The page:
Cooperation: “[it] can be defined, drily, as an exchange in which the participants benefit from the encounter” (Sennett, 2012, p. 5).
Participatory design: “a process of investigating, understanding, reflecting upon, establishing, developing, and supporting mutual learning between multiple participants in collective ‘reflection-in-action’. The participants typically undertake the two principal roles of users and designers where the designers strive to learn the realities of the users’ situation while the users strive to articulate their desired aims and learn appropriate technological means to obtain them” (Robertson, Simonsen 2013, p. 2)
Shortcoming: “For example, self-reporting methods, such as diary studies, may be less successful in gathering useful data due to some older participants’ reduced short-term memory span, limited literacy, or perceptions of what data they feel should be recorded. ‘Think-aloud’ methods, which encourage participants to voice their thoughts as they concurrently attempt a task (often using ICT), may be less successful for older participants due to the cognitive demand of interpreting and describing what they see, think, and feel. Be aware of the tendency for some older participants to ‘want to please’. This means they may react overly positively when describing or rating technology they are asked to use” (Damodaran, Olphert and Sandhu 2012, p. 12).
Social innovation: “new ideas (products, services and models) that simultaneously meet social needs and create new social relationships or collaborations. In others words, they are innovations that are both good for society andenhance society’s capacity to act” (Murray, Caulier-Grice and , Mulgan, 2010)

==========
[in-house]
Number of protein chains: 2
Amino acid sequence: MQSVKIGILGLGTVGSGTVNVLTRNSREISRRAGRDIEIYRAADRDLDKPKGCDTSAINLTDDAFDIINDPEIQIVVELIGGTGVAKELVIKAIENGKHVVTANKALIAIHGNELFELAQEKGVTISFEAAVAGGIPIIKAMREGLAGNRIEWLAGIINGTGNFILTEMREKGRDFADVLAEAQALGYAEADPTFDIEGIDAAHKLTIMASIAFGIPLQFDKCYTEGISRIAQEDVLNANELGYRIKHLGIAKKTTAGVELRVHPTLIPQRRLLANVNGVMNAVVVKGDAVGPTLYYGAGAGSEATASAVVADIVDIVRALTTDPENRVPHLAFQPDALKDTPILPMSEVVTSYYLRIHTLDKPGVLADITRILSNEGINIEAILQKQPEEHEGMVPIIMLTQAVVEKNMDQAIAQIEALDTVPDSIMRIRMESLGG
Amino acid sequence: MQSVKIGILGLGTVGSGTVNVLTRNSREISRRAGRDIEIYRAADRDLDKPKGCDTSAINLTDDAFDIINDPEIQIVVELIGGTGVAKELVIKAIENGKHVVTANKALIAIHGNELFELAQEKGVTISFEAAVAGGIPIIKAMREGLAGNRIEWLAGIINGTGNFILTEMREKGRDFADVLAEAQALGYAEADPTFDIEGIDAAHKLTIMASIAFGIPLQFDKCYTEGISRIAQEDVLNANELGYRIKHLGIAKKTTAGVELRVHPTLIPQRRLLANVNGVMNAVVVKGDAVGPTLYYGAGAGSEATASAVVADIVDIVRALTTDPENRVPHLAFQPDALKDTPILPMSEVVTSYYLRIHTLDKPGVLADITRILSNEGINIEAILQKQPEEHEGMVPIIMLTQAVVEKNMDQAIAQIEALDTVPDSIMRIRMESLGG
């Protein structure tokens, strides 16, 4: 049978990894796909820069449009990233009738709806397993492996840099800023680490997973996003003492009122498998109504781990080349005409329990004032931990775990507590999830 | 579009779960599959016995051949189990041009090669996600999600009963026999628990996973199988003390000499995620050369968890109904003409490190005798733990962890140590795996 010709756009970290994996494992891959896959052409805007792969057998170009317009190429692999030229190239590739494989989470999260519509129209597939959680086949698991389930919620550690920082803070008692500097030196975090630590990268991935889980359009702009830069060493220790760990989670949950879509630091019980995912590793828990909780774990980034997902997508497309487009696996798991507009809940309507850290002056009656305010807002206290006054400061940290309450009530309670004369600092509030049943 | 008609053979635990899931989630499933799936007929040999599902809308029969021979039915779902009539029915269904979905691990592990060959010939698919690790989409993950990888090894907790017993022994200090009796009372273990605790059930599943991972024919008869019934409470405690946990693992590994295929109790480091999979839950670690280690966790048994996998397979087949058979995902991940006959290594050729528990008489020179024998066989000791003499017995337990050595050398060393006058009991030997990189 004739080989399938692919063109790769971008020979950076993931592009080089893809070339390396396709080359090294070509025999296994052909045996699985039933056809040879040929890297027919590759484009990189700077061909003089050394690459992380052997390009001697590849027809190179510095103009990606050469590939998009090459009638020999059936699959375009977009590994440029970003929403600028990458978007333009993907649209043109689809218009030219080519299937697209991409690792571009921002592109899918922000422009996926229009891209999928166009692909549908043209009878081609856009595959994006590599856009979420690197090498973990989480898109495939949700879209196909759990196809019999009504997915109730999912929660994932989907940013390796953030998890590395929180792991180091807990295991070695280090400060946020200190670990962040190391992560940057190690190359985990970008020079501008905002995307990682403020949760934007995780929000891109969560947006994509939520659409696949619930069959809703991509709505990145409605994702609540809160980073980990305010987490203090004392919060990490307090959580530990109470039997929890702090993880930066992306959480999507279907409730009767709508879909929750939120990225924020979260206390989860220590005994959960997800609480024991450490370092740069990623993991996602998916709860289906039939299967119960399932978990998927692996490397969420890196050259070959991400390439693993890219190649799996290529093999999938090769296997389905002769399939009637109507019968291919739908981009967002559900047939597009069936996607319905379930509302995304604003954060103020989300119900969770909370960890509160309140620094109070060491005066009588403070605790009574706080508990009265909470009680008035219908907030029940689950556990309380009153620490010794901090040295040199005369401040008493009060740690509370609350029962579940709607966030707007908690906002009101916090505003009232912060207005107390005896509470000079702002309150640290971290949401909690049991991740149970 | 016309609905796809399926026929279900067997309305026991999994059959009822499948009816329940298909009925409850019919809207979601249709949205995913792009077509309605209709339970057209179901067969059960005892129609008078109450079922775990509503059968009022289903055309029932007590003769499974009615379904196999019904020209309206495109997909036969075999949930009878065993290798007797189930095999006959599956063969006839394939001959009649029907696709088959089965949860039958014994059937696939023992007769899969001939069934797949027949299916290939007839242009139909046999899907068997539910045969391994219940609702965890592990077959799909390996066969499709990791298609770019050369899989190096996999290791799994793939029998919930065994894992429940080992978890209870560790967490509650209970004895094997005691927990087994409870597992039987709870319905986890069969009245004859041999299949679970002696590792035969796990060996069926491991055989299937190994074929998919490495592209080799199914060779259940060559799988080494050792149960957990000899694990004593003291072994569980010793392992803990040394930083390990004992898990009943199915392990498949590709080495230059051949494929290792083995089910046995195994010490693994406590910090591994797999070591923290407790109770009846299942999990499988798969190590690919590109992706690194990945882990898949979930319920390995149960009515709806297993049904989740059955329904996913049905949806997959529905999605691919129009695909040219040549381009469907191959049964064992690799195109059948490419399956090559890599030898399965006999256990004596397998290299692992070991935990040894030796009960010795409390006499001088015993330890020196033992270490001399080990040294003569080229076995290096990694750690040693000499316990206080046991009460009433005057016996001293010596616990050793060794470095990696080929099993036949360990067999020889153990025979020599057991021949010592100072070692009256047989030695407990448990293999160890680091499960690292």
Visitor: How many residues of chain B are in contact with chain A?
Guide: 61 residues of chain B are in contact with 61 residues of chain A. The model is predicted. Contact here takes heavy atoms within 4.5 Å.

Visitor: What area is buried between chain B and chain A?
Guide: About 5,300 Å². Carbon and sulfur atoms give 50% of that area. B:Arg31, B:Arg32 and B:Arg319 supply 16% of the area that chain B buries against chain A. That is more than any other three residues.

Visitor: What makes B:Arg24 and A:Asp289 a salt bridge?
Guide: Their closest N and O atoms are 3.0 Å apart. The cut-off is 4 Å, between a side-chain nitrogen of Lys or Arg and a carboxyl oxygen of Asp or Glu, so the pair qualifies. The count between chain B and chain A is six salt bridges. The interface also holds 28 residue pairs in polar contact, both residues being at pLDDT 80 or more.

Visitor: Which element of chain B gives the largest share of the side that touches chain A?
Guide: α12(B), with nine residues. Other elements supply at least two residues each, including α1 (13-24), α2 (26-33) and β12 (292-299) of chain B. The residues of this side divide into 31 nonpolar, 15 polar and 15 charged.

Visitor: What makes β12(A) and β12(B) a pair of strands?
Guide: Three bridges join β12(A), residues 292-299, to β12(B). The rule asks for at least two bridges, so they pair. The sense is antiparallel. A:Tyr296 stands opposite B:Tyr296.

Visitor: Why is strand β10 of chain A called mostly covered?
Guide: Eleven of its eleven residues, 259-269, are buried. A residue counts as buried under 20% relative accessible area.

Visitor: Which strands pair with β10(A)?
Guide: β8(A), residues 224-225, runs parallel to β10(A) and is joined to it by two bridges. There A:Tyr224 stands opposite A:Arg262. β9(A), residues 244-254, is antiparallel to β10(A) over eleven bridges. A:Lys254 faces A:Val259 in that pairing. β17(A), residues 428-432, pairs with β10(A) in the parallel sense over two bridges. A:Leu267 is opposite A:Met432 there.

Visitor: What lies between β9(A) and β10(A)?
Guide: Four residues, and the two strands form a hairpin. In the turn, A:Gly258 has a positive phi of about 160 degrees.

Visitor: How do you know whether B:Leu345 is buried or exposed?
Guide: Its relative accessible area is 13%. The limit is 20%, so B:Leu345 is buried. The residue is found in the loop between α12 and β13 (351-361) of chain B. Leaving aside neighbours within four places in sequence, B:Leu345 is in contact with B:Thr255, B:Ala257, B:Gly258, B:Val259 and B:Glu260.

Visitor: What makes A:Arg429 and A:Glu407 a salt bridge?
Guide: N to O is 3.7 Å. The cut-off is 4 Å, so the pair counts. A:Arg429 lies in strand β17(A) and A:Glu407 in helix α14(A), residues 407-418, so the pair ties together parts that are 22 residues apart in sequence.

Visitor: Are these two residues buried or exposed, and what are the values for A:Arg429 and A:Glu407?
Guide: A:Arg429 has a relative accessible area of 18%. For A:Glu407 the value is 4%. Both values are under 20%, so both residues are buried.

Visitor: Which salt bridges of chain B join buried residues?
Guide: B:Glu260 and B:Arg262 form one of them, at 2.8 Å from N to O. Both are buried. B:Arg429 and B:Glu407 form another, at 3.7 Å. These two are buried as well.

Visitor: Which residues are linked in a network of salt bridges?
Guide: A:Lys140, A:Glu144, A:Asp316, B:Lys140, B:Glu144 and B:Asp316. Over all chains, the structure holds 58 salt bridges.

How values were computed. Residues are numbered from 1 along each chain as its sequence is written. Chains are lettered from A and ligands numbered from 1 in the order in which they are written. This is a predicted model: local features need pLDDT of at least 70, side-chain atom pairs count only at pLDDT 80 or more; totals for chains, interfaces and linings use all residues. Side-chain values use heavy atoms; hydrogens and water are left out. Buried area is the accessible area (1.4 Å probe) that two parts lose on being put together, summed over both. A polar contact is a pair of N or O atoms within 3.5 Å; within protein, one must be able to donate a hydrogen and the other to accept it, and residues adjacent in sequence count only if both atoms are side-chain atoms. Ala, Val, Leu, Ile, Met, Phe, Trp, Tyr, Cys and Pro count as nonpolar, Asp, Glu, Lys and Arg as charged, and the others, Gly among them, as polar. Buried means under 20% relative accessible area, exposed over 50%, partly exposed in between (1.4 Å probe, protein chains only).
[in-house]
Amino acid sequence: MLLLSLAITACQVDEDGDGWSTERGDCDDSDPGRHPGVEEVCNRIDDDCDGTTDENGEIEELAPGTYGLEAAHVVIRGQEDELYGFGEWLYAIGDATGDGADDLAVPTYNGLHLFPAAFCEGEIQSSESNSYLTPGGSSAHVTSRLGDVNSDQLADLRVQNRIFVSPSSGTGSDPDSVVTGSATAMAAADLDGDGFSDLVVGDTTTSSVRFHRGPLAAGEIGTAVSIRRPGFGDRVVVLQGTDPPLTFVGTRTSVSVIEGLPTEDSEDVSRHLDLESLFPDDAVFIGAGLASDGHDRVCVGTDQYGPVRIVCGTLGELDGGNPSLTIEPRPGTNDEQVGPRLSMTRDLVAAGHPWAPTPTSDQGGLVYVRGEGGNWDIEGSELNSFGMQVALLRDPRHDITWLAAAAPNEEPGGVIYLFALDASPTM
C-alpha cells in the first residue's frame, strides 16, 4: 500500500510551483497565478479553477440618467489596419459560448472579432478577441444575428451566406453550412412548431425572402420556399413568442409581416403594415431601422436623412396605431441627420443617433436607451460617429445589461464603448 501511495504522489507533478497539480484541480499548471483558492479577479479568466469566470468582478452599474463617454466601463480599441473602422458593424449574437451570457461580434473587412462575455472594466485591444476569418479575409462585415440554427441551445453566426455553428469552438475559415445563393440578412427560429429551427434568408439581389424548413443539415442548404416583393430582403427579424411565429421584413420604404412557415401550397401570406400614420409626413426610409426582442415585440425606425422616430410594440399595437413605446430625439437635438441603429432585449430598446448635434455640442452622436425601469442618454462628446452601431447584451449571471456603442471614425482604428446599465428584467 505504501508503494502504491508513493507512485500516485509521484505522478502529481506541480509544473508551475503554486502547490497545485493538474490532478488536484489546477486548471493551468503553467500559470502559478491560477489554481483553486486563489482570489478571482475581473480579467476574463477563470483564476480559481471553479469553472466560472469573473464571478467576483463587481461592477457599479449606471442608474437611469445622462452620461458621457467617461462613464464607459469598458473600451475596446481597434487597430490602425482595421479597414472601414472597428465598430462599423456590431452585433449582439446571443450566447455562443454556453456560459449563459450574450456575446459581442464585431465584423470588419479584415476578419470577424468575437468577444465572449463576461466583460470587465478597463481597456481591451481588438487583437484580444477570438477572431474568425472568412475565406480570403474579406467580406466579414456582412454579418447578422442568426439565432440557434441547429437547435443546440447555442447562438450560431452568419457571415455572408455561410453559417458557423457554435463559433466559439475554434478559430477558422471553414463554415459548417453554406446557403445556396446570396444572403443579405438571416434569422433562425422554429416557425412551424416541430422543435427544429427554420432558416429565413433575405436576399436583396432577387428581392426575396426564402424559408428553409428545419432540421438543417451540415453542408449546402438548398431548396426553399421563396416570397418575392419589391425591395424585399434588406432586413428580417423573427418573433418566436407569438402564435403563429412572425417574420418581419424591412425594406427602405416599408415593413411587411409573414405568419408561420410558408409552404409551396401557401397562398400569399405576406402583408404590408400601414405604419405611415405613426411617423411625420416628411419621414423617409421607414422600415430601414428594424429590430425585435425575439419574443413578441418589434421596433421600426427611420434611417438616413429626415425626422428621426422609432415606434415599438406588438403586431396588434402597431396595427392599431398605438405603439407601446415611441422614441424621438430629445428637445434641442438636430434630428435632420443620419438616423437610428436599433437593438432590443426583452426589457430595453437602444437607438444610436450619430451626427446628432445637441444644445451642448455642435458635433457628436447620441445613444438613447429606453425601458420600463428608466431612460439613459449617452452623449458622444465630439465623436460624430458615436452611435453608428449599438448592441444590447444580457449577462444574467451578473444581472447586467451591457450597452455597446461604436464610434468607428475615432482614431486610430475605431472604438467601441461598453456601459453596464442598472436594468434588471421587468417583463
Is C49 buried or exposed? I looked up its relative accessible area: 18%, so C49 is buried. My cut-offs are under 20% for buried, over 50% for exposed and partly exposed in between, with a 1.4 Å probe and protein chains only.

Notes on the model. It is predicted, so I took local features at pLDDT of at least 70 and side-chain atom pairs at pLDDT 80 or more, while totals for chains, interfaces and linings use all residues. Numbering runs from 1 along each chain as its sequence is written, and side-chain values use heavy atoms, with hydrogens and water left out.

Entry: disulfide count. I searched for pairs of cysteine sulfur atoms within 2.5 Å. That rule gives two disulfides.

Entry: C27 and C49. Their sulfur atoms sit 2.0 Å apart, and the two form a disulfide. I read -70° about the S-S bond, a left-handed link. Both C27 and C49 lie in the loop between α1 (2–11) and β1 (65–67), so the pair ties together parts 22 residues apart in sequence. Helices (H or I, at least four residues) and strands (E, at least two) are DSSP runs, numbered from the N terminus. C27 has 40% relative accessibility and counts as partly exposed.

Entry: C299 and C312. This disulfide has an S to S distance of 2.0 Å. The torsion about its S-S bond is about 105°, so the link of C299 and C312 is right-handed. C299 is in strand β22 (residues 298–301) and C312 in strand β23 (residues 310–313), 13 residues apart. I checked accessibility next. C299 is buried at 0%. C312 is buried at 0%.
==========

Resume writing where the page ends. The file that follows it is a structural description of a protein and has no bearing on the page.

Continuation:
Technical context: “integrating the envisioned IT systems within the company’s existing technical framework and conditions. Closely linked to the company’s IT strategy” (Bødker, Kensing and Simonsen 2004, p. 90).
Mulgan 2010, p. 3).
Timings: “Older people tend to take longer to complete tasks and like to read instructions slowly and carefully before starting a study, so ensure that there is sufficient time for this. (…) Be prepared to offer participants the opportunity to reschedule research activities in periods of bad weather” (Damodaran, Olphert and Sandhu 2012, p. 13).
Welfare technology: “[it] is all technology which in one way or another improves the lives of those who need it. The technology is used to maintain or increase security, activity, participation or independence for people with a disability or the elderly” (Nordic Welfare Centre,
Work practice: “a collective term for everything involved in the users’ work, including work as function, task, and process (the why, what, and how). As a subset, work practice includes work organization – the way the work is divided and organized, the products or services supplied, and the tools and materials used” (Bødker, Kensing and Simonsen 2004, p. 89).


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